On this second National Day for Truth and Reconciliation, we acknowledge and thank Phyllis Jack Webstad whose story began the Orange Shirt Day movement nearly a decade ago. Phyllis’ advocacy and leadership has led to this day being recognized in schools, offices and workplaces across Canada, shedding further light upon the truths that Survivors, Elders, and Indigenous communities have been sharing for decades.
On this National Day for Truth and Reconciliation—and every day—it is important to reflect upon the true history of this country as, collectively, we continue to learn about the dark chapters of the past and how they impact the present. It is crucial to know the truth and the profound consequences that this history has had on the lives of First Nations peoples; all of whom are either Survivors, or the children or grandchildren of Survivors. We reflect on where we have been and how far we have come, and these reflections enable us all to forge a reconciliatory path forward together. But before reconciliation, we must learn the truth.
Just over one year ago, the recovery of 215 young souls in Tk'emlúps te Secwépemc catalyzed calls to action from across the country. It created a renewed sense of pressure on the governments and the churches responsible for funding and running residential institutions to be accountable for the trauma, harm, and deaths they have caused. In the Yukon, it sparked the beginning of the deeply challenging but important work of the Choutla Working Group, led by co-Chairs and Elders Adeline Webber and Judy Gingell. We raise our hands in gratitude to Adeline and Judy for their hard work—and heart work—as they take on the heavy task of sharing the truths that these devastating institutions had on First Nations children and families within the Yukon and surrounding areas.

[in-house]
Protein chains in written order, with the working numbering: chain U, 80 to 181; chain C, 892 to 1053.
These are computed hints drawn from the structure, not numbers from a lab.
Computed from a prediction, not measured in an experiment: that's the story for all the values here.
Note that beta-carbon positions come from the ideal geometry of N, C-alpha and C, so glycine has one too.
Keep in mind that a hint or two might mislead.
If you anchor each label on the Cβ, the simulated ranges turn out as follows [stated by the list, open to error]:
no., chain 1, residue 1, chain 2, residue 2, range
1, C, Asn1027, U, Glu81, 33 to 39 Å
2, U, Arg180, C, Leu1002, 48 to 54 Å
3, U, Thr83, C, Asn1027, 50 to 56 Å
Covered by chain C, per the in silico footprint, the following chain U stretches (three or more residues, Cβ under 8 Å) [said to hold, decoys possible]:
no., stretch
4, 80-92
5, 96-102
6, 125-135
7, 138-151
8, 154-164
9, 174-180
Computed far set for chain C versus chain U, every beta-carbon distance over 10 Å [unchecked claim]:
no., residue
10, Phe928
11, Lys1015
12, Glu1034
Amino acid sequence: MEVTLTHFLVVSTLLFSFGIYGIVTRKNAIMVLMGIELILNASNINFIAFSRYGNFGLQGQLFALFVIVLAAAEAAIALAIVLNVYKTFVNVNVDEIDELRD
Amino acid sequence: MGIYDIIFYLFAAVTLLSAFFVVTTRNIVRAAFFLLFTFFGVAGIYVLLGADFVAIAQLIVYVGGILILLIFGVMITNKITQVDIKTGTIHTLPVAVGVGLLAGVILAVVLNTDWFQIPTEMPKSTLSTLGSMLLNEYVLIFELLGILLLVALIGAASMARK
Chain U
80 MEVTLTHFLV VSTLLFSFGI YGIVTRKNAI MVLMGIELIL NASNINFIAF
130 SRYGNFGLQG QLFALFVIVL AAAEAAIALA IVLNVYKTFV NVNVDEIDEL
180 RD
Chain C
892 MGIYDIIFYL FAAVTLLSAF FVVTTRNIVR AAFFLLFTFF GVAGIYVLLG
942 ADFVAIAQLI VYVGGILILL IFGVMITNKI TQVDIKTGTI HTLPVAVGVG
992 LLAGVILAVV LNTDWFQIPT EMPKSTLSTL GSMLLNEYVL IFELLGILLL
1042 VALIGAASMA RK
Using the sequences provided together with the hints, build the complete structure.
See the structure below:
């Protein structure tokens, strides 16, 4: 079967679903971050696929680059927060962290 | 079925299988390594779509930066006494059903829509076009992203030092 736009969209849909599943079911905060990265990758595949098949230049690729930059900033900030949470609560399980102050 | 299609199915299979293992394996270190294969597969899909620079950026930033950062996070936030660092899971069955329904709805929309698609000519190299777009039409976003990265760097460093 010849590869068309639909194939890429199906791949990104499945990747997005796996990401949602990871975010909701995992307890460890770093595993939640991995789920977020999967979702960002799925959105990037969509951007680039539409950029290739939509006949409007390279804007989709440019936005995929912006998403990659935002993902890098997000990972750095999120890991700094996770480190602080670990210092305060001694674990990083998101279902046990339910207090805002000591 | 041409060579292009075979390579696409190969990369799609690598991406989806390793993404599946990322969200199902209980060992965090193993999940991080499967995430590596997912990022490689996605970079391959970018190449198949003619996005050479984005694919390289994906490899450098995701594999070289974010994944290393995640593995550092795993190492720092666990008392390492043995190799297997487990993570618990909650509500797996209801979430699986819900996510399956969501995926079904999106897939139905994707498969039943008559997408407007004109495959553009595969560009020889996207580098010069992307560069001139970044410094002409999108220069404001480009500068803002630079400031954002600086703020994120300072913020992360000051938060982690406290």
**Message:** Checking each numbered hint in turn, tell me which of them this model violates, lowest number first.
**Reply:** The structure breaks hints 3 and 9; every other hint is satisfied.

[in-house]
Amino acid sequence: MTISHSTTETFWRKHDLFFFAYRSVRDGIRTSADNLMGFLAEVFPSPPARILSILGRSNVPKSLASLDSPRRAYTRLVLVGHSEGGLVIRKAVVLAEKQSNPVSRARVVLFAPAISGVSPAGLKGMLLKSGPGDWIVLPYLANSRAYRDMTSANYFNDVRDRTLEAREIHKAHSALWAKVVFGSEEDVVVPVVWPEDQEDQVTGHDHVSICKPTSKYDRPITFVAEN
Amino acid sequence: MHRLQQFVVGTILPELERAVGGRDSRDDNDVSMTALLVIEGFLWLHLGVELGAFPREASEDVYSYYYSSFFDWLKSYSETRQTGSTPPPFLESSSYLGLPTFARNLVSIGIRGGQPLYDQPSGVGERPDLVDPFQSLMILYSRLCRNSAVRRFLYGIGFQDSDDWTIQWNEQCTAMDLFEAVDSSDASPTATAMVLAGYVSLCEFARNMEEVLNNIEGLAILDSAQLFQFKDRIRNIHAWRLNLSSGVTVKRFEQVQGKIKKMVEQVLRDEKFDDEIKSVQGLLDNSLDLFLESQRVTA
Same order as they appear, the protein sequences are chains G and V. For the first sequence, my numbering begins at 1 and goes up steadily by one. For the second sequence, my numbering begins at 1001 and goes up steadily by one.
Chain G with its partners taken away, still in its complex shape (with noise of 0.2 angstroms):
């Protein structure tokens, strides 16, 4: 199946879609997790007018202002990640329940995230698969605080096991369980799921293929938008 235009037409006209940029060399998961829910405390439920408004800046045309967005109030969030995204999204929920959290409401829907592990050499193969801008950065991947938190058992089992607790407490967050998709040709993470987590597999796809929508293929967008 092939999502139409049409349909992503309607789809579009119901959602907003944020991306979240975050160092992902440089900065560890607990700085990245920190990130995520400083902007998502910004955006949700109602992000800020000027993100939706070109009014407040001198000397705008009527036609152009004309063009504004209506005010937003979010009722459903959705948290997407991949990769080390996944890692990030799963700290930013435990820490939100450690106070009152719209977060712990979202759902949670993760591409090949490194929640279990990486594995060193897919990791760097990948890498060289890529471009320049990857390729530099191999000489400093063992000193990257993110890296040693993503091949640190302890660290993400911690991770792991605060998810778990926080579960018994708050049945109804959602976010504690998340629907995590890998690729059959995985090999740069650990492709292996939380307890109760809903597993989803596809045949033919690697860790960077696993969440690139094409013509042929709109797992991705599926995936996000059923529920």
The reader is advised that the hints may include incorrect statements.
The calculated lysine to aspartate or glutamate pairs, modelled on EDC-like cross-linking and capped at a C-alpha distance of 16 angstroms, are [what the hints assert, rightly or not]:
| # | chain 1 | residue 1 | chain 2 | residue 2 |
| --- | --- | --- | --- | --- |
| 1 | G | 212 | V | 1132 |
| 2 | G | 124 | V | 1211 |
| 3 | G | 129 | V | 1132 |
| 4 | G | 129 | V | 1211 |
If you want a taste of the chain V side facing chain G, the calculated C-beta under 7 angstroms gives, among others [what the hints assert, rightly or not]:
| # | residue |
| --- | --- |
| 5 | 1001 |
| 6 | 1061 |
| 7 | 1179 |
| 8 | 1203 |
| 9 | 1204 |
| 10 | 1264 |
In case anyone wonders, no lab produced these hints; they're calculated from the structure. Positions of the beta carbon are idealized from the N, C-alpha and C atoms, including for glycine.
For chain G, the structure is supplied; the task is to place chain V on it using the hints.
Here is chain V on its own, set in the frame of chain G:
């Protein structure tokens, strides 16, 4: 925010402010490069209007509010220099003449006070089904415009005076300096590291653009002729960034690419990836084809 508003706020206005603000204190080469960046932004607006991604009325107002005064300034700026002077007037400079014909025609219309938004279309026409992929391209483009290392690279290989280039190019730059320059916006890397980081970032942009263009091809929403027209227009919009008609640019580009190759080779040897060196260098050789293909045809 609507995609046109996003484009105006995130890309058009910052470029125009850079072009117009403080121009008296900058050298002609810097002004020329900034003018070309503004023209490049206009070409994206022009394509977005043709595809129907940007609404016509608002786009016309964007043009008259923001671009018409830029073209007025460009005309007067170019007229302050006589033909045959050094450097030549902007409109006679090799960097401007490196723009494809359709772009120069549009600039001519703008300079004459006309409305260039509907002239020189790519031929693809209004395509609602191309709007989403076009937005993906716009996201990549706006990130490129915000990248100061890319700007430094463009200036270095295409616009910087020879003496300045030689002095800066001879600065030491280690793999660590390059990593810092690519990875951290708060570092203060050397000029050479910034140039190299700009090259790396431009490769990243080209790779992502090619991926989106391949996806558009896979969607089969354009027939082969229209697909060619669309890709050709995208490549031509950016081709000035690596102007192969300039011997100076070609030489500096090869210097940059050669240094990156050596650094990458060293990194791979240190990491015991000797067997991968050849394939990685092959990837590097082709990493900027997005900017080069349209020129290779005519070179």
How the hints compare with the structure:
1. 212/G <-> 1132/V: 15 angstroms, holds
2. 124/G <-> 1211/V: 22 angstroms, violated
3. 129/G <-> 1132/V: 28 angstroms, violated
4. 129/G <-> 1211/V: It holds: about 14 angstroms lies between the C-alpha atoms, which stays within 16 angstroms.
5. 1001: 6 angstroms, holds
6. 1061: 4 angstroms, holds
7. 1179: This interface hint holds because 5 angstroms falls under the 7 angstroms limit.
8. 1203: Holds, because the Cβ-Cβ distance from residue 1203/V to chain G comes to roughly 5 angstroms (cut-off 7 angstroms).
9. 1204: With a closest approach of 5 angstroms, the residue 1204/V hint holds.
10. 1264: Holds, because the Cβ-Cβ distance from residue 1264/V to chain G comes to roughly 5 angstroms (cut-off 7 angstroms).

Through their leadership, and the leadership of many others in the territory, Yukon First Nation voices remain strong in all conversations of truth and reconciliation in this country. However, the National Day for Truth and Reconciliation also serves as a reminder that only a small fraction of the Truth and Reconciliation Commission’s Calls to Action have been implemented. The AFN Yukon Region joins the countless leaders across the country who continue to call for more accountability and concrete action from the Crown, governments, religious institutions, the public, and all who the TRC’s Report looks to for reconciliatory action. One of these most pressing actions is the release of records of those children who were forced into these institutions by the federal government, the Catholic Church, the Anglican Church, and others who funded and ran these ‘schools’.
Regional Chief Kluane Adamek shared, “before reconciliation, we must get to the truth. The families of those children who never came home deserve to have these records released, and the rest of the country must see them as well. Indigenous people have known the truth of our shared histories with Canada for generations because Elders, Survivors and truth tellers have been sharing them, despite how much trauma and pain they bring. We cannot lose these stories. We cannot let the broader Canadian public forget the grief and outrage that was collectively felt one year ago. We must hold the governments and churches accountable.”
Today—and this entire week—many join together with their communities from coast to coast to coast to honour Survivors, those who never made it home, and those who remain burdened by the traumas that they have experienced at the hands of colonialism. All First Nations people are impacted. These traumas are deeply embedded within our shared history, and continue to affect First Nation families and communities through ongoing mental health and wellness crises; a painful reality that Yukon First Nations are sadly far too familiar with.
The AFN Yukon Region encourages all people to take time today to seek out ways that they can do more for reconciliation in their communities, to learn the truth, and to learn about the people whose land this country has been built upon.
“Just over one year ago, I asked each and every Canadian to reflect on this question: What more can you do?” said Regional Chief Adamek, “my question still stands.”
Kluane Adamek, Regional Chief, Assembly of First Nations – Yukon Region